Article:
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Myanmar Military Targets Sector Professionals as Demonstrations Continue

Members of the Myanmar national football team and their supporters flash the three-fingered protest salute after holding a protest-related football match, Feb. 13, 2021 in Yangon, Myanmar.
Members of the Myanmar national football team and their supporters flash the three-fingered protest salute after holding a protest-related football match, Feb. 13, 2021 in Yangon, Myanmar.

Myanmar’s widespread protests continued for an eighth day Saturday, after Friday’s demonstrations in the city of Mawlamyine saw several arrests and rubber bullets fired.

In Yangon, protesters held signs reading “Stop kidnapping at night” in response to night raids that occurred in recent days.

It is those raids that have local communities anxious, as the junta has attempted to arrest prominent protesters from their homes and offices.

Since protests against the coup began, medical staff members have joined the Civil Disobedience Movement, a strike campaign that rejects the rule of the military, referred to as CDM.

They insist they will not return to work until Myanmar’s elected leaders are returned to power. Several other professional sectors have followed, including bankers, teachers and engineers.

Demonstrations have continued despite a ban on gatherings of five or more people. Several towns in Myanmar are also under a military-imposed curfew from 8 p.m. to 4 a.m.

Local media reported Thursday that military coup leader Senior General Min Aung Hlaing told medical staff members during a public speech to “go back to work.”

On Friday morning, military-backed police detained a health worker, and CCTV footage of the arrest was widely shared on social media. The Assistance Association for Political Prisoners, a watchdog group, posted the news on their daily blog.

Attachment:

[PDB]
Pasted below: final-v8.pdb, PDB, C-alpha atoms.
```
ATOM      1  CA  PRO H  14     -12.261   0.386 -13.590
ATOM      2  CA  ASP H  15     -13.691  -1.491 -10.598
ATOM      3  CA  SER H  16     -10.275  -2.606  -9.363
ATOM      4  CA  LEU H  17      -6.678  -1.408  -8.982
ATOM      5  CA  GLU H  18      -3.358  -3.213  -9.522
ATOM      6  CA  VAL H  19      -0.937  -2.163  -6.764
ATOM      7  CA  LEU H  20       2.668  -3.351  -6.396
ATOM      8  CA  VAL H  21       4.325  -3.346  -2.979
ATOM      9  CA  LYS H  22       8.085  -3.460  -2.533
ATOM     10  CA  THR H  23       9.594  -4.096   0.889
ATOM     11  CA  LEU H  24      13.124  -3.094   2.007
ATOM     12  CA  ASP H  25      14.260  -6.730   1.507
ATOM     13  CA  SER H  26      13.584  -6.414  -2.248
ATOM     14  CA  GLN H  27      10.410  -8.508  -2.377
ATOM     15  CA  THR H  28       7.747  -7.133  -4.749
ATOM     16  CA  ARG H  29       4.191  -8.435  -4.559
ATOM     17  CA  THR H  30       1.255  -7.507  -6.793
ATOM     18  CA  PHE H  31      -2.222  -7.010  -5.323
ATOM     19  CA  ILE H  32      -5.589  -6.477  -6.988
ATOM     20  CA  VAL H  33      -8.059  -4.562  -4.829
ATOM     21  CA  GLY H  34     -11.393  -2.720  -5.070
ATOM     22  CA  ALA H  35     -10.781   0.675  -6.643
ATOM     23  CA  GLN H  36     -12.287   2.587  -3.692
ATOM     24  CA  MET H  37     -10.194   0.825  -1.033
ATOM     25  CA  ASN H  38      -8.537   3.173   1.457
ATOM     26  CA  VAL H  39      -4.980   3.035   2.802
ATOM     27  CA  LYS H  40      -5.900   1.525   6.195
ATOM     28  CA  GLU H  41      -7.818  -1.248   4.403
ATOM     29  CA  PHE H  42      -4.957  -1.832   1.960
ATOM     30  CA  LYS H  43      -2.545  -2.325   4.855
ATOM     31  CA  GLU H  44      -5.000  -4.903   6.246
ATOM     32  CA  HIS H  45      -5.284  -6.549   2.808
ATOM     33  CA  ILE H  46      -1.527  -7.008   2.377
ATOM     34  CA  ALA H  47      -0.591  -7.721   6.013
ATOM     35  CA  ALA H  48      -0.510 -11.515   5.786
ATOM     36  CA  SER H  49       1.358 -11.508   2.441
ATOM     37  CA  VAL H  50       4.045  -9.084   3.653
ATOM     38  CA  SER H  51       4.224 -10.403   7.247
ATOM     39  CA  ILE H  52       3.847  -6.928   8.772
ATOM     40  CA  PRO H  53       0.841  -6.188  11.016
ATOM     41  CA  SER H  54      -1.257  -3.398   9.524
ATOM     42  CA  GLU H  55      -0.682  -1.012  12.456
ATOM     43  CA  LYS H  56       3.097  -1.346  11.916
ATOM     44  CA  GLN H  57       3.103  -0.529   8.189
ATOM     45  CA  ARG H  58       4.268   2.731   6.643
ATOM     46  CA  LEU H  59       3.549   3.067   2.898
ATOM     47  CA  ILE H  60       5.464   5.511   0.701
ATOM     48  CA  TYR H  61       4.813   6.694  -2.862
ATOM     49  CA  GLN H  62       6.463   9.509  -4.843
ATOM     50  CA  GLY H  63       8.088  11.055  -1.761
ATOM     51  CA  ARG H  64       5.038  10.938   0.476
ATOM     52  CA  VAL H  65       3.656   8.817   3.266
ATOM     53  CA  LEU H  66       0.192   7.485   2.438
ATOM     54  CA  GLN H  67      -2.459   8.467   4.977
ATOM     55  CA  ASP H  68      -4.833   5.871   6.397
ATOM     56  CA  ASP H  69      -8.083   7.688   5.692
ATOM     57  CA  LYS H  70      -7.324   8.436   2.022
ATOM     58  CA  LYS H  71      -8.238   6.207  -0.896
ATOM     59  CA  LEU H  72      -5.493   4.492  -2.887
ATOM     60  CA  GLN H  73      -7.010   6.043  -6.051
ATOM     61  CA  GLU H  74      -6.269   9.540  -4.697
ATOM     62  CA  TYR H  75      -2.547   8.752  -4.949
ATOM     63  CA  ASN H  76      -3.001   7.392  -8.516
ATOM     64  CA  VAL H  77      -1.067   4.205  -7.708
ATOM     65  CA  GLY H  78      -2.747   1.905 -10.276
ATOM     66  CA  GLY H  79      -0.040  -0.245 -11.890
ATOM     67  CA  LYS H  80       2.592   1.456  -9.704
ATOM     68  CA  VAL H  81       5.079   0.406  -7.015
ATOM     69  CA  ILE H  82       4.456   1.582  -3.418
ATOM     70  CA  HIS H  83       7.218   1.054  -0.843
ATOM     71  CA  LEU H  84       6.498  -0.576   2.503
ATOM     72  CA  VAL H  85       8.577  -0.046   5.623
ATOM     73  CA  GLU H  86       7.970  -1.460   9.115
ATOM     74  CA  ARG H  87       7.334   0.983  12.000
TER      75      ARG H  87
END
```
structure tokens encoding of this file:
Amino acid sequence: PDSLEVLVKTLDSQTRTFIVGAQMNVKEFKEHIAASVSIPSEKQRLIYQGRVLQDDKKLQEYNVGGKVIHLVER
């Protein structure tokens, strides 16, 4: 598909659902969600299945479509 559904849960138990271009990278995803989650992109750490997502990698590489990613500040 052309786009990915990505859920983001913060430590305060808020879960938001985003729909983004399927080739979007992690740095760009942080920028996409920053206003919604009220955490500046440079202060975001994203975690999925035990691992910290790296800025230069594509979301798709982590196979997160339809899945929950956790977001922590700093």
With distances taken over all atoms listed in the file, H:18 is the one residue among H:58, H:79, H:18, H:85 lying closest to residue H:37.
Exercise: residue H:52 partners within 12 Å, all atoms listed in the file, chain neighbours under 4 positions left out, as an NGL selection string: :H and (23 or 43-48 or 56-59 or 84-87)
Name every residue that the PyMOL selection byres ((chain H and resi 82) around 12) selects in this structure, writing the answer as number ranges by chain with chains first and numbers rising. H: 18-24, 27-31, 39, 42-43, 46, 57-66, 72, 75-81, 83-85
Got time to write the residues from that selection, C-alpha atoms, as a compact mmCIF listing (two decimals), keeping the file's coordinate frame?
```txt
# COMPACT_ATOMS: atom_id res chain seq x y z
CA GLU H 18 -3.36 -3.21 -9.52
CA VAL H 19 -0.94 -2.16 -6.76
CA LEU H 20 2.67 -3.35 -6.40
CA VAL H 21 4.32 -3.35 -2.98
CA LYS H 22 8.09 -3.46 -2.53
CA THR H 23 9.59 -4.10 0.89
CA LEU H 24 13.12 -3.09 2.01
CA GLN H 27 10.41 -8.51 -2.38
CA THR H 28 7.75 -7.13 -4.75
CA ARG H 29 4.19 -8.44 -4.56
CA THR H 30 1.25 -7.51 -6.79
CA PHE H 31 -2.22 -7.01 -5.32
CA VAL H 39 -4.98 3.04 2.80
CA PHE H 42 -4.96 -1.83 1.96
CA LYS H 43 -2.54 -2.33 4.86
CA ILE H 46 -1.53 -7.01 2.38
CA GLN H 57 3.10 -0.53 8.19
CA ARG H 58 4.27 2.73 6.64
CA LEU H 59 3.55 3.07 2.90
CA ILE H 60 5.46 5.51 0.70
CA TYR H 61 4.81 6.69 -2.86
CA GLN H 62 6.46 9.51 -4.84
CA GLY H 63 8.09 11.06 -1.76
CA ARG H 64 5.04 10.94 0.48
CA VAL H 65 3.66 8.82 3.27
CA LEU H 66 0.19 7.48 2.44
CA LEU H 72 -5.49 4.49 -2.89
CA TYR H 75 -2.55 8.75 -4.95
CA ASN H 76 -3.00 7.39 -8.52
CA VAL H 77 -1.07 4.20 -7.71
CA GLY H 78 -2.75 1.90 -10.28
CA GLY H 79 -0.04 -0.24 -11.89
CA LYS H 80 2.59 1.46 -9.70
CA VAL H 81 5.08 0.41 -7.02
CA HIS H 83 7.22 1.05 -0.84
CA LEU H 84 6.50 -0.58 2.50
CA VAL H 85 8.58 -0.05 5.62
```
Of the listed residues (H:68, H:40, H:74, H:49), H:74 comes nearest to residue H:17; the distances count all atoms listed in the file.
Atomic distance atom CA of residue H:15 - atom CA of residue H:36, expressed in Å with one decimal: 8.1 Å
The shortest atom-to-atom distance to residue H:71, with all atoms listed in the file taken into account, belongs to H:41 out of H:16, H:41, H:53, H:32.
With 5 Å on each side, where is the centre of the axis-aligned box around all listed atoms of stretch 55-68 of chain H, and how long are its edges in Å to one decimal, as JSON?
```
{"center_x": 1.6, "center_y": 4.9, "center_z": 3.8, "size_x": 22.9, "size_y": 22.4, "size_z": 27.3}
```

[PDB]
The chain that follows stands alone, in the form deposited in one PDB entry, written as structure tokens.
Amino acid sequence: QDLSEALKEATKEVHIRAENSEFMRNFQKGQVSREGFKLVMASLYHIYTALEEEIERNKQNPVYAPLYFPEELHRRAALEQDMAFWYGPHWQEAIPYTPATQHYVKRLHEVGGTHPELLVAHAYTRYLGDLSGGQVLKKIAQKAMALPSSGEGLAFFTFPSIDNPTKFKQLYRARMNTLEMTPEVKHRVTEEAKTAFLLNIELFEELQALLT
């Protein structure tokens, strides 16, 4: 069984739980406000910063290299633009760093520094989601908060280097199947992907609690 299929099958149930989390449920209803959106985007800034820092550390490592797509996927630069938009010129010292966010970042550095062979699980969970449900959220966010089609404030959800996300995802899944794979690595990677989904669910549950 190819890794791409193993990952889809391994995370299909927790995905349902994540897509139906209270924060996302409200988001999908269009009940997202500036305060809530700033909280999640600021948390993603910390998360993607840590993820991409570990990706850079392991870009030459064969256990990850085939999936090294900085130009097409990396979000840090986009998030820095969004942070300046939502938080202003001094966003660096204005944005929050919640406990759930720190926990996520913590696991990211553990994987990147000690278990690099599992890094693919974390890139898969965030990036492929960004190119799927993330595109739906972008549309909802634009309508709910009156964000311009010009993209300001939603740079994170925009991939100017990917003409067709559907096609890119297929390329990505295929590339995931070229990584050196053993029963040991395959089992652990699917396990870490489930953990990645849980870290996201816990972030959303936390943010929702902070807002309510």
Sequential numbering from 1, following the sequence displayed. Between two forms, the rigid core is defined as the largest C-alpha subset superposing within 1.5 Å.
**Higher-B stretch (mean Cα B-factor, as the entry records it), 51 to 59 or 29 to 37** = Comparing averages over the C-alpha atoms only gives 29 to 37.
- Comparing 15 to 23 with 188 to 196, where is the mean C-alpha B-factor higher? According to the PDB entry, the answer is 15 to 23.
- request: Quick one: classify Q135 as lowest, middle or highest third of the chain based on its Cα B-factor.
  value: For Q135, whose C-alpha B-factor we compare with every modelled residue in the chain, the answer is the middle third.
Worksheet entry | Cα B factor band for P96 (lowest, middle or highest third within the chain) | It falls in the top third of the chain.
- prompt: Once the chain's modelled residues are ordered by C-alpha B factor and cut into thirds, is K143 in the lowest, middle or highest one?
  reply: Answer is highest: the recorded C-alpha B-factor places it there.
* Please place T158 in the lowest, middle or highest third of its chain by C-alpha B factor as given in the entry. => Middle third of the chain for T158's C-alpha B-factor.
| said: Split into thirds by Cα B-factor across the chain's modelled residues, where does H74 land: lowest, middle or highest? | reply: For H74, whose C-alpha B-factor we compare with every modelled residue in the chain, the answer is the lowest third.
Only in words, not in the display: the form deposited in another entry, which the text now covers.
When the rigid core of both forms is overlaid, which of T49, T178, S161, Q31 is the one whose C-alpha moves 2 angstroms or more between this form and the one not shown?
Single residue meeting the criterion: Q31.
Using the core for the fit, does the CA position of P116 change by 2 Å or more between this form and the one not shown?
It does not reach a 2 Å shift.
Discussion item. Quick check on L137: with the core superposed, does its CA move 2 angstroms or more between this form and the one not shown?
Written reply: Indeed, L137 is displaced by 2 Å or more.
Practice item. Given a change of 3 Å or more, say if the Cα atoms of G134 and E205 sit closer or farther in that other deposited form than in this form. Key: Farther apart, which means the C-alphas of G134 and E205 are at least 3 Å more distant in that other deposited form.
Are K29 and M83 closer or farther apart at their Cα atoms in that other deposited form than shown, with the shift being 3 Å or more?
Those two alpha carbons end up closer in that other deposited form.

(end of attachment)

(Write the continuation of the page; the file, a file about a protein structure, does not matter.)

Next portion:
At around 9 a.m., a medical doctor identified as Pyae Phyo Naing was detained in Ingapu Township in Ayeyarwady for his alleged participation in the CDM.

His wife, Dr. Phyu Lei Thu, also a medical professional, told VOA that five armed policemen arrested her husband. She said she eventually discovered he is being held at the Ingapu police station but she has not been allowed to see him or been given a reason for his arrest.

“I feel depressed and sad. I have no hope for my husband,” she told VOA, adding, “Now most of the health workers are being chased, they are worried that the staff will not do the CDM.”

Another health worker from Myanmar who requested anonymity, said they had not been targeted yet but support the movement against the junta.

“The difference we suffered under the military was so many. We don’t want to live in fear anymore,” the doctor told VOA.

In response to the reports the military has been arresting those participating in rallies, Thurein Hlaing Win, a Yangon health care expert, told VOA the CDM has already had an effect on the junta.

"The military government has been damaged quite extensively by the CDM. They want to threaten the other civil servants that if you participated in the movement, you will be arrested. So, they made a show of force and trying to scare people,” he said.

However, civilians have reacted by defying night curfews and gathering in the streets to protect those targeted. Tactics such as banging pots and pans to alert neighbors of approaching police have also had an effect.

“Half of the abductions were prevented by the people living around in that area," Thurein Hlaing Win added.

Aung Thu Nyein, a Burmese political analyst, played down the worries of prominent protesters being arrested at night in Yangon.

“In many cases, these are rumors and may be intending to make people confused. But [a] violent crackdown is not yet out of the question and I think the military is not weak,” Aung Thu Nyein told VOA.

Aung Thu Nyein predicted that March 27, which is Tatmadaw Day in Myanmar, could be a definitive date for the large-scale demonstrations. He admitted having concerns about how long protests could be sustained.

“The problem for the protesters is no unified leadership and no end-game political strategy,” he added.

Translation by Zin Thu Aung